Late last month, Sen. John McCain (R-AZ) joined with his pals Sen. Lindsay Graham (R-SC) and Sen. Kelly Ayotte (R-NH) for a “Preserving America’s Strength” series of town-hall style meetings aimed at highlighting the potential impact of defense cuts. But while McCain’s office said that the “official trip” was being paid for entirely with campaign funds, a ThinkProgress analysis of McCain’s donors reveals that much of that money comes from defense industry political action committees.
The Budget Control Act of 2011’s budget sequestration provisions — which McCain voted for — would cut about $917 billion in federal spending over a decade, including about $487 in defense expenditures.
Though even with these cuts, 2013 defense spending would still exceed 2006 levels, the Republican Senators ironically made the tour to sound the alarm that cuts to the federal budget mean fewer private sector jobs. In their announcement statement, they agreed:
We look forward to visiting communities in Florida, North Carolina, Virginia and New Hampshire to sound the alarm about the profound negative consequences of these cuts to our national security and economy. These communities — which provide our troops the equipment and support they need to defend our country — will bear the brunt of the defense sequestration cuts. Their voices must be heard in Washington.”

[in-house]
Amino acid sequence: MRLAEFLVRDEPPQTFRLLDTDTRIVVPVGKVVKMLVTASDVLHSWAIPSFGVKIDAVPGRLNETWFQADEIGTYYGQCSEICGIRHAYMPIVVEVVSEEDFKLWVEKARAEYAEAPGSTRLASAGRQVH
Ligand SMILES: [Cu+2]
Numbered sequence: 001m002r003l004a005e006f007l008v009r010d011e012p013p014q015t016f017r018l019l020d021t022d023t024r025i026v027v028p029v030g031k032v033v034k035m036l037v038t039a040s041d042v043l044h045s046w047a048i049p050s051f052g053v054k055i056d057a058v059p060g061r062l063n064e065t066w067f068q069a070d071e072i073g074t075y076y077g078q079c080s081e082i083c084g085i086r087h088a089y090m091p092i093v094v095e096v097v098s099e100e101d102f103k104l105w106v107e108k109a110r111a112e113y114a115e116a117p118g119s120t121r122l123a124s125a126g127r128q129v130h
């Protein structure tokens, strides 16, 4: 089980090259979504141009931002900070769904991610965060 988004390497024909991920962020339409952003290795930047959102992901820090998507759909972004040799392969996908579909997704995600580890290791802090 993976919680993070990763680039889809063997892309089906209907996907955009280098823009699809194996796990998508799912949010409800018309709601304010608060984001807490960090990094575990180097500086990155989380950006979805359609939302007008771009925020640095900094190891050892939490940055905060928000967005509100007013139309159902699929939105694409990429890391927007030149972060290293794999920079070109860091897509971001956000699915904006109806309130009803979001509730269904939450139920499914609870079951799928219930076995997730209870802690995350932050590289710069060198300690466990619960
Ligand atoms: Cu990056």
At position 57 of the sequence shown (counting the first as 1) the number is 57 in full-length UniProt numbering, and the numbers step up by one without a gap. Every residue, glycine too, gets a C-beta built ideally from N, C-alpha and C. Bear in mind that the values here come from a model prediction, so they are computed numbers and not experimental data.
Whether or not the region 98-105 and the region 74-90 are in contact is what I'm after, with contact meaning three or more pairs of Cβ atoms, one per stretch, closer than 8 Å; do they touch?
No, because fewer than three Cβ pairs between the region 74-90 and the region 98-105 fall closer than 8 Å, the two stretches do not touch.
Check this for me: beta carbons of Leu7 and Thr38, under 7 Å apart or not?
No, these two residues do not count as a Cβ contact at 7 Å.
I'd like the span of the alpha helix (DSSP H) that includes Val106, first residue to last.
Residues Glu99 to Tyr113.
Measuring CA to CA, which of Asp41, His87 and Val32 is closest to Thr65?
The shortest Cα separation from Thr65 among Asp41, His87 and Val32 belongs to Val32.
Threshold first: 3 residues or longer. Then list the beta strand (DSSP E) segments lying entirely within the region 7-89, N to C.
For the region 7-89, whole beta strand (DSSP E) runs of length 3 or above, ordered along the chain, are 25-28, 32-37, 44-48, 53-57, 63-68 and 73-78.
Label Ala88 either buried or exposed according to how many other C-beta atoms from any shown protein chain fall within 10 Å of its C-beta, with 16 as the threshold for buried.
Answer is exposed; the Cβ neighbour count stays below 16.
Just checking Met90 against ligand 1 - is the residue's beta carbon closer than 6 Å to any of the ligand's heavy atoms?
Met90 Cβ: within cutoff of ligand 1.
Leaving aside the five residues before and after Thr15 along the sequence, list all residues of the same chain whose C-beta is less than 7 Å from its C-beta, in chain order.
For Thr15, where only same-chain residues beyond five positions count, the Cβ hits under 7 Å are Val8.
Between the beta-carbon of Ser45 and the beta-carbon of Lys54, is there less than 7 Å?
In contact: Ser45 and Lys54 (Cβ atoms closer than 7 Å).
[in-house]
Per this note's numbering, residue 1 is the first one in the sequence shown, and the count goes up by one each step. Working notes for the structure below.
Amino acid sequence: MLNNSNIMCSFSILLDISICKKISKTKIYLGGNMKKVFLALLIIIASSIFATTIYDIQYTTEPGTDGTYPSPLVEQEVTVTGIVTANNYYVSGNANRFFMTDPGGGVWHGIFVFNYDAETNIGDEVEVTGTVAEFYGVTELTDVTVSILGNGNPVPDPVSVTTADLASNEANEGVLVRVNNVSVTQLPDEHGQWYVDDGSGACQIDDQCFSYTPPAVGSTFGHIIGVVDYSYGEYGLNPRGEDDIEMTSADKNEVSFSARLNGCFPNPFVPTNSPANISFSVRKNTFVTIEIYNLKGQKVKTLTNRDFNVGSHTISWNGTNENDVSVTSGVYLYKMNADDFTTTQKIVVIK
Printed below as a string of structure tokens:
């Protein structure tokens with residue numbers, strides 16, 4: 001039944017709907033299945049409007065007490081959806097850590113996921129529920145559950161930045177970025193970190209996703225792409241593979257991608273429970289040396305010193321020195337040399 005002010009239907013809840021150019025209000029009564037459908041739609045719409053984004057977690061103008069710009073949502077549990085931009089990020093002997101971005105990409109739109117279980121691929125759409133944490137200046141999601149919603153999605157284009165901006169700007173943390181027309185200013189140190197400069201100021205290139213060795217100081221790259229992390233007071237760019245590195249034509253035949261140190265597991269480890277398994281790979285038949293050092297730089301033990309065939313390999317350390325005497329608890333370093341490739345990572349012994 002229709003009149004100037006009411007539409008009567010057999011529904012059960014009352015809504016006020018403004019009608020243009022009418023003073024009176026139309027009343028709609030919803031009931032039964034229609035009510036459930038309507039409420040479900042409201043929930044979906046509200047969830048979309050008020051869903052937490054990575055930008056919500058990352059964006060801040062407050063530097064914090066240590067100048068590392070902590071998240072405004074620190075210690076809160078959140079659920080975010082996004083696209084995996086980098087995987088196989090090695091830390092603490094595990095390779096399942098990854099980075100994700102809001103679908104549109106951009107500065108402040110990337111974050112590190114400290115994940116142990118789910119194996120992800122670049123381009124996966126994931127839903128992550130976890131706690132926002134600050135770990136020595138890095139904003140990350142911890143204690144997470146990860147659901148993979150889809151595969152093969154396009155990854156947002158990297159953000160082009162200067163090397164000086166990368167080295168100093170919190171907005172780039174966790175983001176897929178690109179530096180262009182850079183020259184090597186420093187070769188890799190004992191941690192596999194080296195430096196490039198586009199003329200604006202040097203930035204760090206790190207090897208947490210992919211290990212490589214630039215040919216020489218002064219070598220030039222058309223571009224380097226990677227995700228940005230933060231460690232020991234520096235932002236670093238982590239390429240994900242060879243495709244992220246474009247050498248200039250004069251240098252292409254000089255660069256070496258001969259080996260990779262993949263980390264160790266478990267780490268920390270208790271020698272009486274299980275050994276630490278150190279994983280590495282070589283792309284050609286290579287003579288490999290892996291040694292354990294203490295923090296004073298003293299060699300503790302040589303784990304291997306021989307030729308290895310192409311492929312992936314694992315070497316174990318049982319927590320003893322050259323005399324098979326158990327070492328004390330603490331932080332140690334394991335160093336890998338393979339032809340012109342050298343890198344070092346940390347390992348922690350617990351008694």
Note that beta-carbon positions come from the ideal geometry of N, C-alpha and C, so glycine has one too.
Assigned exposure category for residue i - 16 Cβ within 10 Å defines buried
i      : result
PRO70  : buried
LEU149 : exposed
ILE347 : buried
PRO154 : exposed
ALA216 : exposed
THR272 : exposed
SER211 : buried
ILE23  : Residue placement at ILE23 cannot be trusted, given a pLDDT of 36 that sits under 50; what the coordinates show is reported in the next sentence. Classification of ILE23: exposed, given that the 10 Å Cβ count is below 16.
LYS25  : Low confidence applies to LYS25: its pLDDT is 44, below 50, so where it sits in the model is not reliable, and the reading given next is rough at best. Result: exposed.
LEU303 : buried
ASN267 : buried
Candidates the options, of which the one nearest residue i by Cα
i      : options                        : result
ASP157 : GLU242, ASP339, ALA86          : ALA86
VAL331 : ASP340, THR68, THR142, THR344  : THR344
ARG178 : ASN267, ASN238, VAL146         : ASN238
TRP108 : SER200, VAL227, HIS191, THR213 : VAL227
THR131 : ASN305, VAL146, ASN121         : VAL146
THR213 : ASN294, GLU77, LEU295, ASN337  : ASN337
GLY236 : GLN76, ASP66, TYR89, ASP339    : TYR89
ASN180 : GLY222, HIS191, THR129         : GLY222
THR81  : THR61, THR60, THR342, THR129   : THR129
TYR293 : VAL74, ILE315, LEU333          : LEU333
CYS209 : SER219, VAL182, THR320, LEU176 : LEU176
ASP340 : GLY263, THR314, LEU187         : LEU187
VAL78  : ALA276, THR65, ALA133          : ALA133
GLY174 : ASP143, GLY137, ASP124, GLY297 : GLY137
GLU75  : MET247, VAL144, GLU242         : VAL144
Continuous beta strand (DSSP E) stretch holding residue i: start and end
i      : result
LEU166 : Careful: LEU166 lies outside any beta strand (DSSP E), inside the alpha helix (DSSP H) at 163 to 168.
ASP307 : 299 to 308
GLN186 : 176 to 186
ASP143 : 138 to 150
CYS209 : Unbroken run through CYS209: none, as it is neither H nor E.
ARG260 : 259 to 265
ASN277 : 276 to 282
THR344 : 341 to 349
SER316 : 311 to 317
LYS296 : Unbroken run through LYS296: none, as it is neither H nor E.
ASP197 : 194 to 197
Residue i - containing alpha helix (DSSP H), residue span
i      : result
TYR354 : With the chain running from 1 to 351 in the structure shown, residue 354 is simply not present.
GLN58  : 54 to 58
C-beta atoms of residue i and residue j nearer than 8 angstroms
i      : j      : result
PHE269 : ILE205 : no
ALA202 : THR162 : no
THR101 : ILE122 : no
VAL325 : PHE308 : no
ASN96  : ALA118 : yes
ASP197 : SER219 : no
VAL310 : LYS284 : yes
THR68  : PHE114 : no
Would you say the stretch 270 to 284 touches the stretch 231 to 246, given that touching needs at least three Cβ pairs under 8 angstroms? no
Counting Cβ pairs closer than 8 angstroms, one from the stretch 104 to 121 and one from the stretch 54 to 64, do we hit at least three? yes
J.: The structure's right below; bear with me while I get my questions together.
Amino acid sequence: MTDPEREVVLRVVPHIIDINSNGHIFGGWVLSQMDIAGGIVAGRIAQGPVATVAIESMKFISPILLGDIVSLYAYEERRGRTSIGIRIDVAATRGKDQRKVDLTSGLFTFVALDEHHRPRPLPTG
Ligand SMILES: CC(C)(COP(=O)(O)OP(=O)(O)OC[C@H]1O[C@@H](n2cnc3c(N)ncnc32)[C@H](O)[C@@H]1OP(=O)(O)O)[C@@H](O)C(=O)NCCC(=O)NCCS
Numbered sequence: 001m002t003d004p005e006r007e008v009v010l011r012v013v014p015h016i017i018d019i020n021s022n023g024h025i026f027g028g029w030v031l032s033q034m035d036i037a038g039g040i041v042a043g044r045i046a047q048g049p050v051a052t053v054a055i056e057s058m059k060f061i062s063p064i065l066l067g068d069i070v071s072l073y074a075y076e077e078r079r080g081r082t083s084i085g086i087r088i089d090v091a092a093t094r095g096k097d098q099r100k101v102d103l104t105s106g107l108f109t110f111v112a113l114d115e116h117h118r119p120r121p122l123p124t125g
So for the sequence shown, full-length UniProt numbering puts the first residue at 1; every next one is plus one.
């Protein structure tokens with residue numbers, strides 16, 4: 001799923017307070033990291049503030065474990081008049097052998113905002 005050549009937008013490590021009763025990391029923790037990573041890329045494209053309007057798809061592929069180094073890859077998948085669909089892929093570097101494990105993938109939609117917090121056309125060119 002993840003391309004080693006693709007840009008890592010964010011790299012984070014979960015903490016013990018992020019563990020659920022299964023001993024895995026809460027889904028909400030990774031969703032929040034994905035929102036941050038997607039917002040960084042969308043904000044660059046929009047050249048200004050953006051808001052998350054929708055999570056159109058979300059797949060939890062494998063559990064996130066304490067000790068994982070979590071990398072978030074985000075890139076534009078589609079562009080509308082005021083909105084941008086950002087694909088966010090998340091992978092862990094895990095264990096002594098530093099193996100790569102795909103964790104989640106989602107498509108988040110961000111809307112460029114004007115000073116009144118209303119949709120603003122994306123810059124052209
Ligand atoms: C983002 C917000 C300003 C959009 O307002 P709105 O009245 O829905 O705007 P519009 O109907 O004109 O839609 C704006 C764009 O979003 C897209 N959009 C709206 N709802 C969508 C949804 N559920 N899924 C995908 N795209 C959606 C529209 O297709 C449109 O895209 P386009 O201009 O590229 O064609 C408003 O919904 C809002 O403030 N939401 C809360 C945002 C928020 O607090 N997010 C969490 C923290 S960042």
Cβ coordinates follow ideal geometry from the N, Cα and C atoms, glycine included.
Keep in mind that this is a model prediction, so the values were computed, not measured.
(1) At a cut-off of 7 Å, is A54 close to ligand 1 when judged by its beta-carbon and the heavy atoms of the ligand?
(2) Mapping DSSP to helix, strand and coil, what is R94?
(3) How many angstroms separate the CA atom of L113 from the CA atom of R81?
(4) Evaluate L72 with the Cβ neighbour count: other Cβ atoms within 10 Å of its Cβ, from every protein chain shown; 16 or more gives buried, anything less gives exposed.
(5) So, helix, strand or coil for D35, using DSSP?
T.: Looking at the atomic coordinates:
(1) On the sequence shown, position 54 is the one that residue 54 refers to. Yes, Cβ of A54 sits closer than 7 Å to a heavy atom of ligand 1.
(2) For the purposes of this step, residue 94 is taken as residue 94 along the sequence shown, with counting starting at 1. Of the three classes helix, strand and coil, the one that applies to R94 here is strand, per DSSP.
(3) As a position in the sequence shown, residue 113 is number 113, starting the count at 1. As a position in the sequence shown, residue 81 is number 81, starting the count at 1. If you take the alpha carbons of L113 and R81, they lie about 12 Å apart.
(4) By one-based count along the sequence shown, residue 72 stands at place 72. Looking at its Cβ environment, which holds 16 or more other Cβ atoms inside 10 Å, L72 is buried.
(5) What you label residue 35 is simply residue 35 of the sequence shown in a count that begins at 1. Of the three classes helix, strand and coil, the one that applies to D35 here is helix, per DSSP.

The cuts would also, of course, mean less money for the military-industrial complex.
At the recommendation of the Senate Ethics Committee, a McCain spokesman announced the trip would not be paid for with public funds, explaining that it was “an official trip being paid for with campaign funds — the recommended way to pay for travel such as this outside of a member’s home state.” Since the start of 2010, McCain’s campaign committee and leadership PAC have received more than $125,000 in combined contributions from defense contractors’ corporate PACs. Over his career, according to the Center for Responsible Politics data, he had taken more than $1.2 million in defense industry donations.
The New Hampshire stop on the tour was at BAE Systems’ Worrell/Weeks Aircrew Protection Center in North Merrimack. Only BAE Systems employees were permitted to attend. BAE Systems Inc.’s corporate PAC gave McCain $2,500 in 2010. the PAC also gave $5,000 to Ayotte in the same year and $10,000 to Graham in 2008, when he was last up for re-election.